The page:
As I write this column – on November 16 – Israel’s coalition government headed by Prime Minister Benjamin Netanyahu, leader of the Likud party, appears to be on the verge of collapse.
The latest crisis for the coalition began on November 14 when defence minister Avigdor Liberman, leader of the Yisrael Beiteinu party, resigned his post in protest over the cabinet’s decision to accept a ceasefire with the terrorist groups in the Gaza Strip after a round of fighting that saw close to 500 rockets fired at southern Israel in a 25-hour period.
The fighting saw one Israeli military officer – identified only as Lt.-Col. M. – killed during an Israel Defense Forces raid into Gaza. Ironically, the only civilian killed in Israel was Mahmoud Abu Asbah, a Palestinian from the West Bank who was in Ashkelon with a permit to work in Israel. However, there was significant damage and numerous injuries – some of them serious – to Israelis from the rockets.
Many residents in Israel’s south objected to the ceasefire, but Netanyahu defended it.
“At these moments, leadership is not to do the easy thing; leadership is to do the right thing, even if it is difficult. Leadership is sometimes facing criticism when you know confidential and sensitive information that you cannot share with the citizens of Israel, and in this case with the residents of the south, whom I love and appreciate greatly,” said the prime minister, who assumed the role of defence minister himself.
Netanyahu also serves as Israel’s foreign minister – so one person now holds a monopoly on three of the most important and demanding positions in Israel’s government.
Liberman was one of four cabinet ministers who opposed the ceasefire. The others were Justice Minister Ayelet Shaked of the Jewish Home party, Education Minister Naftali Bennett, leader of Jewish Home, and Environmental Protection Minister Zeev Elkin of Likud.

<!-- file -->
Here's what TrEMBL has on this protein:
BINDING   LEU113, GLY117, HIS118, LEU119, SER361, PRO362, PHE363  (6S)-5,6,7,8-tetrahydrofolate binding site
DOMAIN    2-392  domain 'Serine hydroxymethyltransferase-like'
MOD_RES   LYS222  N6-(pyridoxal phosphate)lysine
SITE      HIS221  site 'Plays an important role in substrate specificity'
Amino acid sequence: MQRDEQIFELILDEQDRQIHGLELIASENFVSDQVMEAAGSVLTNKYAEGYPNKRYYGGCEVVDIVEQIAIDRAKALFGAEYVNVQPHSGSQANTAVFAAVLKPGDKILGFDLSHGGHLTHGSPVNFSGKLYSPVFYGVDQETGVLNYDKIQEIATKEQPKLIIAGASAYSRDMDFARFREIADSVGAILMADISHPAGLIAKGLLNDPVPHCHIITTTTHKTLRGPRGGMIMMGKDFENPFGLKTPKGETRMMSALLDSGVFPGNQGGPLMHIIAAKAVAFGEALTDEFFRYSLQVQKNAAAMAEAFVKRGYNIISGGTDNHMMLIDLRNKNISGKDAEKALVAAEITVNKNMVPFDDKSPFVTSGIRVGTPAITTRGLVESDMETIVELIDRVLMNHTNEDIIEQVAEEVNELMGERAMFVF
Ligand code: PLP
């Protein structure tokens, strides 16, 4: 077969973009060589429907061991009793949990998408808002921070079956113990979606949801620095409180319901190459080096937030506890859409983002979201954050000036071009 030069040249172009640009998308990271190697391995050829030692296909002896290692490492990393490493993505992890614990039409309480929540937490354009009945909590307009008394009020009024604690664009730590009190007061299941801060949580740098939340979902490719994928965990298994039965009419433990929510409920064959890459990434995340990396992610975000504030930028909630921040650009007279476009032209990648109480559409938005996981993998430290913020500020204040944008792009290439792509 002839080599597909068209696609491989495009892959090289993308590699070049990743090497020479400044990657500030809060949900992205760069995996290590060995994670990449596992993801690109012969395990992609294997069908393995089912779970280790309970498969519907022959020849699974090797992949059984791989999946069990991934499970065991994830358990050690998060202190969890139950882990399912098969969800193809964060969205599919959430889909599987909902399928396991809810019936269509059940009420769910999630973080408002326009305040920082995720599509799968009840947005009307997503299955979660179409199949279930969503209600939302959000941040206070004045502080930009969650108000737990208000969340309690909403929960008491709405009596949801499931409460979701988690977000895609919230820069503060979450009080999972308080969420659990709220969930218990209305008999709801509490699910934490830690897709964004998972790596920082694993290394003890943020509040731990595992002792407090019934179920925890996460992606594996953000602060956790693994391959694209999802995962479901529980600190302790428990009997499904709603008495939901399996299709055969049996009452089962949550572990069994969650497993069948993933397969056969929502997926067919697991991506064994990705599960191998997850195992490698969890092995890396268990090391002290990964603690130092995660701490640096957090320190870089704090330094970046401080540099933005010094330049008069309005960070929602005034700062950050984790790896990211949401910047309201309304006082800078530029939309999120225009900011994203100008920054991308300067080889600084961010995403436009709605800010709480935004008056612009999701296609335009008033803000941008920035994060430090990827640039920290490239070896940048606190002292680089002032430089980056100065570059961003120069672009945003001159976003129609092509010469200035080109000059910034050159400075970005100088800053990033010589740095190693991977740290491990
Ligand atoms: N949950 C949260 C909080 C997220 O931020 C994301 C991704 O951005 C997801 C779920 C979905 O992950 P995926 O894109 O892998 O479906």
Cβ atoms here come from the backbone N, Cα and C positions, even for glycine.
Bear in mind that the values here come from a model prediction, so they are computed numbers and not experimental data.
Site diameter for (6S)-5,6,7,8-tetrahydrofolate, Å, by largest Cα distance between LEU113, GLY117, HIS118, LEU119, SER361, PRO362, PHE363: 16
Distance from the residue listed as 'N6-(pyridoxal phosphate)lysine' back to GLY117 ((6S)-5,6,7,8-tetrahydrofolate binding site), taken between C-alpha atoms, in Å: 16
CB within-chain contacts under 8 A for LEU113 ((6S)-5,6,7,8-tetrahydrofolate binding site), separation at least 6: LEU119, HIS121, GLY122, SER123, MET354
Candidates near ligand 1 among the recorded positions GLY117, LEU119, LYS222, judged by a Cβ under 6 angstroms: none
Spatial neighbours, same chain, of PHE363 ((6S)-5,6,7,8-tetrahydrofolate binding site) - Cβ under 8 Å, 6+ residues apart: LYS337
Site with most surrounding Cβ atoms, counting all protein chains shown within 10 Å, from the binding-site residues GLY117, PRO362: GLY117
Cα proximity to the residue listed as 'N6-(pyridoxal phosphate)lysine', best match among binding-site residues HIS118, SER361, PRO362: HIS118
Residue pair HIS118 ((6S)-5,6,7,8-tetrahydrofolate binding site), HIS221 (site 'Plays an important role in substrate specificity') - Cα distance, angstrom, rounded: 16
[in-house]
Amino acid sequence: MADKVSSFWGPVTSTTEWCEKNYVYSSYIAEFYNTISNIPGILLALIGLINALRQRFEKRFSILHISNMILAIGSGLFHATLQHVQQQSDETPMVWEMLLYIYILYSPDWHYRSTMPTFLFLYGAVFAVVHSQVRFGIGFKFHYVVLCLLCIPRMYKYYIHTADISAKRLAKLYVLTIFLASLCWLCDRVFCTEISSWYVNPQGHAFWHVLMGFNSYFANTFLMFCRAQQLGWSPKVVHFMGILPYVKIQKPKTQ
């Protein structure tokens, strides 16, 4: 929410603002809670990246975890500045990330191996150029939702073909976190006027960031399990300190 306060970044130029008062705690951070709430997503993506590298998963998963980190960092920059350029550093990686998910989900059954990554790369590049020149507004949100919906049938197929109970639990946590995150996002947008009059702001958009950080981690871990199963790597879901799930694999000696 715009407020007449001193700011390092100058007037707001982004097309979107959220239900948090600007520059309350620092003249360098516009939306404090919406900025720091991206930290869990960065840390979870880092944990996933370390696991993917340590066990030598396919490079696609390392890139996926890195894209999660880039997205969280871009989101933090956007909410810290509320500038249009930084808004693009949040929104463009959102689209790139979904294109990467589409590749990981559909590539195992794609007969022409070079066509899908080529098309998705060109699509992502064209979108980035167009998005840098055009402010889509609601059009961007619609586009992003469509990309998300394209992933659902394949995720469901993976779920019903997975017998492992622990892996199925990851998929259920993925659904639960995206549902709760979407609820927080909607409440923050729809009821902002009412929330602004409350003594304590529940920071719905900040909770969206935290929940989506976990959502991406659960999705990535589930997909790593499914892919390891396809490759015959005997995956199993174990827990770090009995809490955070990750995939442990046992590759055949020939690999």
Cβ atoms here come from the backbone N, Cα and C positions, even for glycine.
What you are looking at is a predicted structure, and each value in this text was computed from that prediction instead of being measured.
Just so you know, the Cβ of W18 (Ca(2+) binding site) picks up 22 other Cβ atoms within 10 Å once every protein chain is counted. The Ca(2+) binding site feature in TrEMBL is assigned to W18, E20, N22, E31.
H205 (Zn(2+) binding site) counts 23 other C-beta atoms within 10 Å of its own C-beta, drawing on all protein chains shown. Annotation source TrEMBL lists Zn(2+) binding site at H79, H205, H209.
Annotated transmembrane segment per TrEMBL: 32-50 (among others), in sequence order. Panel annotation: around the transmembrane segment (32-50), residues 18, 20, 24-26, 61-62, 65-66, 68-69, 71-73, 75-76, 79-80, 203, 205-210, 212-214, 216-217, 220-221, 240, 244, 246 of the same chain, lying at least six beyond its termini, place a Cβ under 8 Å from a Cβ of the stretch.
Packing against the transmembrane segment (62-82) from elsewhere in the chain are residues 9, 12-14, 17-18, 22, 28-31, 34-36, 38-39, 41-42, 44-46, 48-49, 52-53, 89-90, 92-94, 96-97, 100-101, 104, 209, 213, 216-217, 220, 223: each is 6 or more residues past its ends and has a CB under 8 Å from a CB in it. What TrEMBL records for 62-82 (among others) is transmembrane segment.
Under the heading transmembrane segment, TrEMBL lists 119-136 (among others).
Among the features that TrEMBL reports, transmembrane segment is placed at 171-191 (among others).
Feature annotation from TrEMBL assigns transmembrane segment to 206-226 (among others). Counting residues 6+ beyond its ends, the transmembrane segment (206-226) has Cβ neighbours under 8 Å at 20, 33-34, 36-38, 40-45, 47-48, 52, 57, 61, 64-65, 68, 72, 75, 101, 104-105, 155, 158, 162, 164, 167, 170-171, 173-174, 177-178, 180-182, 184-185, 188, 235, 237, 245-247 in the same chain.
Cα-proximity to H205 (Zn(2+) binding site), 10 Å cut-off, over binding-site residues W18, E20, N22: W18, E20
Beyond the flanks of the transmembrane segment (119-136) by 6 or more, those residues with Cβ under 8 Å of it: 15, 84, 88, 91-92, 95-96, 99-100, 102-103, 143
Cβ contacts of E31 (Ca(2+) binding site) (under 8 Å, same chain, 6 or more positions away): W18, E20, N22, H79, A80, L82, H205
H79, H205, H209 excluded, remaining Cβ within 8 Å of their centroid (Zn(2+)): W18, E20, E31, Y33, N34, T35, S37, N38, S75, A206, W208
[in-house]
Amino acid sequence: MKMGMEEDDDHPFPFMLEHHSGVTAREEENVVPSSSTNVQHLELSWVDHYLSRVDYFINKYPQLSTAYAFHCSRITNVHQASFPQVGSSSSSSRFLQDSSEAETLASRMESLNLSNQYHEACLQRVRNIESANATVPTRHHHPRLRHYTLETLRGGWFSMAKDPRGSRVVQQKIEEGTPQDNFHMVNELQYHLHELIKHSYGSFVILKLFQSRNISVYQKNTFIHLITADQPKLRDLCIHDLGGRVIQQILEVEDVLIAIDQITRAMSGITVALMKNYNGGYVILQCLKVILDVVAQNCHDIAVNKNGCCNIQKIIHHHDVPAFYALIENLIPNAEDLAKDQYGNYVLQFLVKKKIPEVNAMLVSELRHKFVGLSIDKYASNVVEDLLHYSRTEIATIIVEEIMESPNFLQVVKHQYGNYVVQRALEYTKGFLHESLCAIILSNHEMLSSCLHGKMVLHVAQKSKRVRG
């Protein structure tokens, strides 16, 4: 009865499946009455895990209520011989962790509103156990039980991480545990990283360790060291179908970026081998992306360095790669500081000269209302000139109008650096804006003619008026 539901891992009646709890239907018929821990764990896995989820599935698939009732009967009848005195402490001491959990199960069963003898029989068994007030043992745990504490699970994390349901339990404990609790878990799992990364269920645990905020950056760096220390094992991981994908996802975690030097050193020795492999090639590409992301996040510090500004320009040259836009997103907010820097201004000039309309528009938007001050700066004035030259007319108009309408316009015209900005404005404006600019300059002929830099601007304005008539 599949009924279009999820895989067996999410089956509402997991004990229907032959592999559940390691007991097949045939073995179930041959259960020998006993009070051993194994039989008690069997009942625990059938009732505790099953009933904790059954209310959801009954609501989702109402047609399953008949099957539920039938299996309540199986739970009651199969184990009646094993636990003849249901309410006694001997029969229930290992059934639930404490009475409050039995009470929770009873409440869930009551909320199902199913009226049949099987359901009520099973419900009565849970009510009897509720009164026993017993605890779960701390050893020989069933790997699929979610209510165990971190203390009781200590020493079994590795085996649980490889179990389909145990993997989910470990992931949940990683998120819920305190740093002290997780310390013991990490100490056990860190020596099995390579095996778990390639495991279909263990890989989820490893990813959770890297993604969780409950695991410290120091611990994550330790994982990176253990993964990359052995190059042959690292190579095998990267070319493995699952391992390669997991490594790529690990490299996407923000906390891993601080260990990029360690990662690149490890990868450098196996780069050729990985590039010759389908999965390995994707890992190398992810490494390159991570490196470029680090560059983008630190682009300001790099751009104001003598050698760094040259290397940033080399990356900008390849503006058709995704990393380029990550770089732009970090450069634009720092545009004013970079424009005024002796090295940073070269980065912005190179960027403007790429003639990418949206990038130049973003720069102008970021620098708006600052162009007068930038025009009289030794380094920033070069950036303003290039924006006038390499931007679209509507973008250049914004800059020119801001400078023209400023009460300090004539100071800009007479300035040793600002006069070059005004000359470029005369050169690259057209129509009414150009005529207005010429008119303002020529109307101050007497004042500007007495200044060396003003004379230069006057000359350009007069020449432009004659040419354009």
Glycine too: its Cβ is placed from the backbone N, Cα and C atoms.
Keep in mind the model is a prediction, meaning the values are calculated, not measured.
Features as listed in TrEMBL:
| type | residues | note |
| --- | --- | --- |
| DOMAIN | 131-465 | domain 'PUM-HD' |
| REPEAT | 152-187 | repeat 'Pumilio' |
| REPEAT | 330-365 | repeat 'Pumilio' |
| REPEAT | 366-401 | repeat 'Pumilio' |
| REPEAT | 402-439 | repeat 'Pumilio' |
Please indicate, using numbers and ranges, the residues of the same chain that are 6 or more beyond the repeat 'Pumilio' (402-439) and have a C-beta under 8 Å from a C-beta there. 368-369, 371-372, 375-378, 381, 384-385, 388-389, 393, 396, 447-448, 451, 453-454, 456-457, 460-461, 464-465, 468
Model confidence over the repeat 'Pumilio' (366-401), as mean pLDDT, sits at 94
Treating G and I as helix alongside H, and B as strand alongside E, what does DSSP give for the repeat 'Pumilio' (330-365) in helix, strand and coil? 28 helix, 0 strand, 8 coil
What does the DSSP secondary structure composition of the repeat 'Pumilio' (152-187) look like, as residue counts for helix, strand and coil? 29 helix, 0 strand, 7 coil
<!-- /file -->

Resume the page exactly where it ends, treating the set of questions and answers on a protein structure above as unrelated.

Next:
As he resigned from cabinet, Liberman pulled Yisrael Beiteinu’s five Knesset members from the coalition leaving Netanyahu with a slim 61-seat majority.
After the resignation, Bennett demanded he be appointed defence minister and reportedly threatened to pull Jewish Home’s eight Knesset seats from the coalition if the demand was not met. That would leave the coalition in minority status with just 53 seats.
As I write, I’ve just seen reports that Netanyahu concluded a meeting with Bennett and rejected his demand for the defence ministry.
While that would seem to set the stage for a collapse of the coalition, Netanyahu’s office released a statement saying he “has confidence in the sense of responsibility of cabinet ministers not to make the historic error of toppling a right-wing government.”
But that remains to be seen. Israeli coalitions are usually fractious and often fall before the end of a four-year mandate. Even before the Netanyahu-Bennett meeting, Justice Minister Shaked, also of Jewish Home, said, “This week will decide whether we’re headed to elections or whether the cabinet will continue until November 2019,” presumably in reference to Bennett’s demand for the defence portfolio.
There are also reports that Finance Minister Moshe Kahlon, leader of the Kulanu party which holds 10 seats, and Interior Minister Aryeh Deri, leader of the Shas party which holds seven seats, are calling for new elections – although neither, at least so far, has threatened to quit the coalition.
So, as I mentioned in my opening paragraph, Netanyahu’s coalition appears to be on the verge of collapse. By the time you read this column, we might well know whether early elections will be called in Israel. If not by then, then probably soon after.
And complicating the scenario are three corruption investigations into Netanyahu recently completed by Israeli police. We do know that police have recommended that he be indicted in at least two of the cases. News reports last month suggested Attorney General Avichai Mandelblit was likely to decide on whether to proceed with indictments in the first four months of 2019.
The Israeli public opinion polls I saw about a month ago indicated Likud was on track to win the most Knesset seats in the next election. But that was before the latest Gaza skirmishes and the ceasefire that seems to be leading toward the coalition’s collapse – and before Netanyahu’s possible indictment on corruption charges.
Will the coming months bring a sea change to Israeli politics and government? Stay tuned!
Update: On November 19, Education Minister Naftali Bennett and Justice Minister Ayelet Shaked of the Jewish Home party agreed to remain in their positions thus preserving the coalition’s slim majority – now at 61 of the Knesset’s 120 seats – for the time being.